by Brooke-Smith, James, Jack Smyth | c 1990 to c 2000
Hardback | 304 pages, 15 Illustrations, black and white
The 1990s was the decade in which the Soviet Union collapsed and Francis Fukuyama declared the ‘end of history’. Nelson Mandela was released from prison, Google was launched and scientists in Edinburgh cloned a sheep from a single cell. It was also a time in which the president of the United States discussed fellatio on network television and the world’s most photographed woman died in a car crash in Paris. Radical pop band The KLF burned a million quid on a Scottish island, while the most-watched programme on TV was Baywatch. Anti-globalisation protestors in France attacked McDonald’s restaurants and American survivalists stockpiled guns and tinned food in preparation for Y2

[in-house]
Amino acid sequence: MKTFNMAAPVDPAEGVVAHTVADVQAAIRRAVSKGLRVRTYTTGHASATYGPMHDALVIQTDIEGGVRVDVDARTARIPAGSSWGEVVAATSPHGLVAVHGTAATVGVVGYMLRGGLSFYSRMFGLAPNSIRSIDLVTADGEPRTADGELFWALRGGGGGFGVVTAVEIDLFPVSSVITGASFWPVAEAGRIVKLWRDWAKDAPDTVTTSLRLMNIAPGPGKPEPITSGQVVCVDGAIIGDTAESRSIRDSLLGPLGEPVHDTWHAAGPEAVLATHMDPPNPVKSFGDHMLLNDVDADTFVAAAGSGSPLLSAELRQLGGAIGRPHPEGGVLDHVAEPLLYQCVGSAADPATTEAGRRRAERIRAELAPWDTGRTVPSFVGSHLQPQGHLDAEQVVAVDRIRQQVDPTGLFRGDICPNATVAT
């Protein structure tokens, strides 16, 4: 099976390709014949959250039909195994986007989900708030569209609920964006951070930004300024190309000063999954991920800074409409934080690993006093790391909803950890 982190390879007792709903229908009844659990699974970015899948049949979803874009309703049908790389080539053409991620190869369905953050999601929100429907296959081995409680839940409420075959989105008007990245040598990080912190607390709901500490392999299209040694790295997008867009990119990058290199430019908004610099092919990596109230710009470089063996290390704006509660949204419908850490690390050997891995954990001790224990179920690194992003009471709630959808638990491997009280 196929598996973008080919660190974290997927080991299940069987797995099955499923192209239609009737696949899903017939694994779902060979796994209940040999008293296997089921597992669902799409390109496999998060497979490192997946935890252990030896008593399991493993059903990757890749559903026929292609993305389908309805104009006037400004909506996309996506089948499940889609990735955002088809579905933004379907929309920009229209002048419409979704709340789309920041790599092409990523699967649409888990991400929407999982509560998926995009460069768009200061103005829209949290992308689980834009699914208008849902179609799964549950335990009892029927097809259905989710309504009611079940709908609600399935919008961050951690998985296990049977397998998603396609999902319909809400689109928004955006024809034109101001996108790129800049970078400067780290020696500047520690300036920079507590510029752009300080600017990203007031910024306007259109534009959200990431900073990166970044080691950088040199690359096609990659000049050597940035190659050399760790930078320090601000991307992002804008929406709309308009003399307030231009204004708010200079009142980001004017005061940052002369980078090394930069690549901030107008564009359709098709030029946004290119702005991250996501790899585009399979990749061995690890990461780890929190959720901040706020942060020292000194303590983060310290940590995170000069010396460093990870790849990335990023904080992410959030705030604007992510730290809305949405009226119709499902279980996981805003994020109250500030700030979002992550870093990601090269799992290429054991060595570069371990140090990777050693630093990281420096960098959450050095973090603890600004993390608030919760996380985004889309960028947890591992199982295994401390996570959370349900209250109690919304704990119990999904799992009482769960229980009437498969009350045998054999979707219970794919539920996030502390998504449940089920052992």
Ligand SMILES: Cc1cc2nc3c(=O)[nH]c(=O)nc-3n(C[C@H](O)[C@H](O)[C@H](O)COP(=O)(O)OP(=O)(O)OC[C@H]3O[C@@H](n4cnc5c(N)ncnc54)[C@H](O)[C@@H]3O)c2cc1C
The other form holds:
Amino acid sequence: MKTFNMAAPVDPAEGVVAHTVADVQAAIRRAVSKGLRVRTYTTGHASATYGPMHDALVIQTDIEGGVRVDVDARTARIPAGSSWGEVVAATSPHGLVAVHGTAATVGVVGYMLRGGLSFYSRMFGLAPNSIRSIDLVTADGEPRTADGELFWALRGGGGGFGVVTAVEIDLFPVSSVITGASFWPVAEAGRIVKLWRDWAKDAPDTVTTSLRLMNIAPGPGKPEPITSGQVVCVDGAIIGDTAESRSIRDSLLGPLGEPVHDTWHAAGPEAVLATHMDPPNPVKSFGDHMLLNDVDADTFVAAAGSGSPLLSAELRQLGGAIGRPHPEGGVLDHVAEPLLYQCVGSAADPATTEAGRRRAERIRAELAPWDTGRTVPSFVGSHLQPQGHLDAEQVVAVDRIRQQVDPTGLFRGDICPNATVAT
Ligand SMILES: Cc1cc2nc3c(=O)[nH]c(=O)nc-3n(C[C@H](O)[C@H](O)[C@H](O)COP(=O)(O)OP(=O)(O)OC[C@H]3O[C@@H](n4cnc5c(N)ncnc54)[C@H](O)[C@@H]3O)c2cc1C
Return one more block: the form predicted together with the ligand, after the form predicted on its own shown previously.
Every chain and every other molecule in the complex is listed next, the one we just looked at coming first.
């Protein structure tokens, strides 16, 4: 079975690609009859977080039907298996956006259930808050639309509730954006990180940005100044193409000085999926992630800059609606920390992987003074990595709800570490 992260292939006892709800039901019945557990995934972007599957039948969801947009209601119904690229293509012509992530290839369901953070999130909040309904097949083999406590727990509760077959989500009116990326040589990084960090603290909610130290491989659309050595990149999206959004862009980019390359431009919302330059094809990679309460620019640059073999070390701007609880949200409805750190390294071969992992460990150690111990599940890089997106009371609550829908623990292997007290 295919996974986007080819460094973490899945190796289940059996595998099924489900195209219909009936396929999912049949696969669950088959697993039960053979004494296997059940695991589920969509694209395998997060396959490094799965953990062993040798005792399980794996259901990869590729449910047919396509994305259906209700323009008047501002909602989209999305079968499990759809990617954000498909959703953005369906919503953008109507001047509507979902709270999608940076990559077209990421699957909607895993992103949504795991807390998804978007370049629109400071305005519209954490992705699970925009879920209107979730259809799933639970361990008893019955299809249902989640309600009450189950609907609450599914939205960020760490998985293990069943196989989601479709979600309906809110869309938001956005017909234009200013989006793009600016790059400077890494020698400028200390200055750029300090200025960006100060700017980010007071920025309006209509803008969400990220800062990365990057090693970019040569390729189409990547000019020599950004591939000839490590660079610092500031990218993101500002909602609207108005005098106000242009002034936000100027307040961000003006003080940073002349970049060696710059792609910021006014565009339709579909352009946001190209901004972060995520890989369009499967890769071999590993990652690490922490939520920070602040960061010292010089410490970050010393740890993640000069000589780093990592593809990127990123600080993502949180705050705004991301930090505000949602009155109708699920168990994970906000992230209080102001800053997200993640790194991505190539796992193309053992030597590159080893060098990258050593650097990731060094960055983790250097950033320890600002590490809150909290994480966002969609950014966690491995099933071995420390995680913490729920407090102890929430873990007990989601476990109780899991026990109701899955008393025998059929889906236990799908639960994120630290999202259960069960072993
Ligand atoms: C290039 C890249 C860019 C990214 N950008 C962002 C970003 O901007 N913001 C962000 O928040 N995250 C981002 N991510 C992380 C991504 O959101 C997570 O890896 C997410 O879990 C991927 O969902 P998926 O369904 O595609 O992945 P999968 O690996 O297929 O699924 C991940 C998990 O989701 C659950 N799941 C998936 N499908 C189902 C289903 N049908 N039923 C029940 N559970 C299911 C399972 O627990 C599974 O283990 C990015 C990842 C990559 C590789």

For those who lived through it, the 1990s glow in the memory with a mixture of proximity and distance, familiarity and strangeness. It is the decade about which we know so much yet understand too little. Taking a kaleidoscopic view of the politics, social history, arts and popular culture of the era, James Brooke-Smith asks – what was the 1990s? A lost golden age of liberal optimism? A time of fin-de-siecle decadence? Or the seedbed for the discontents we face today?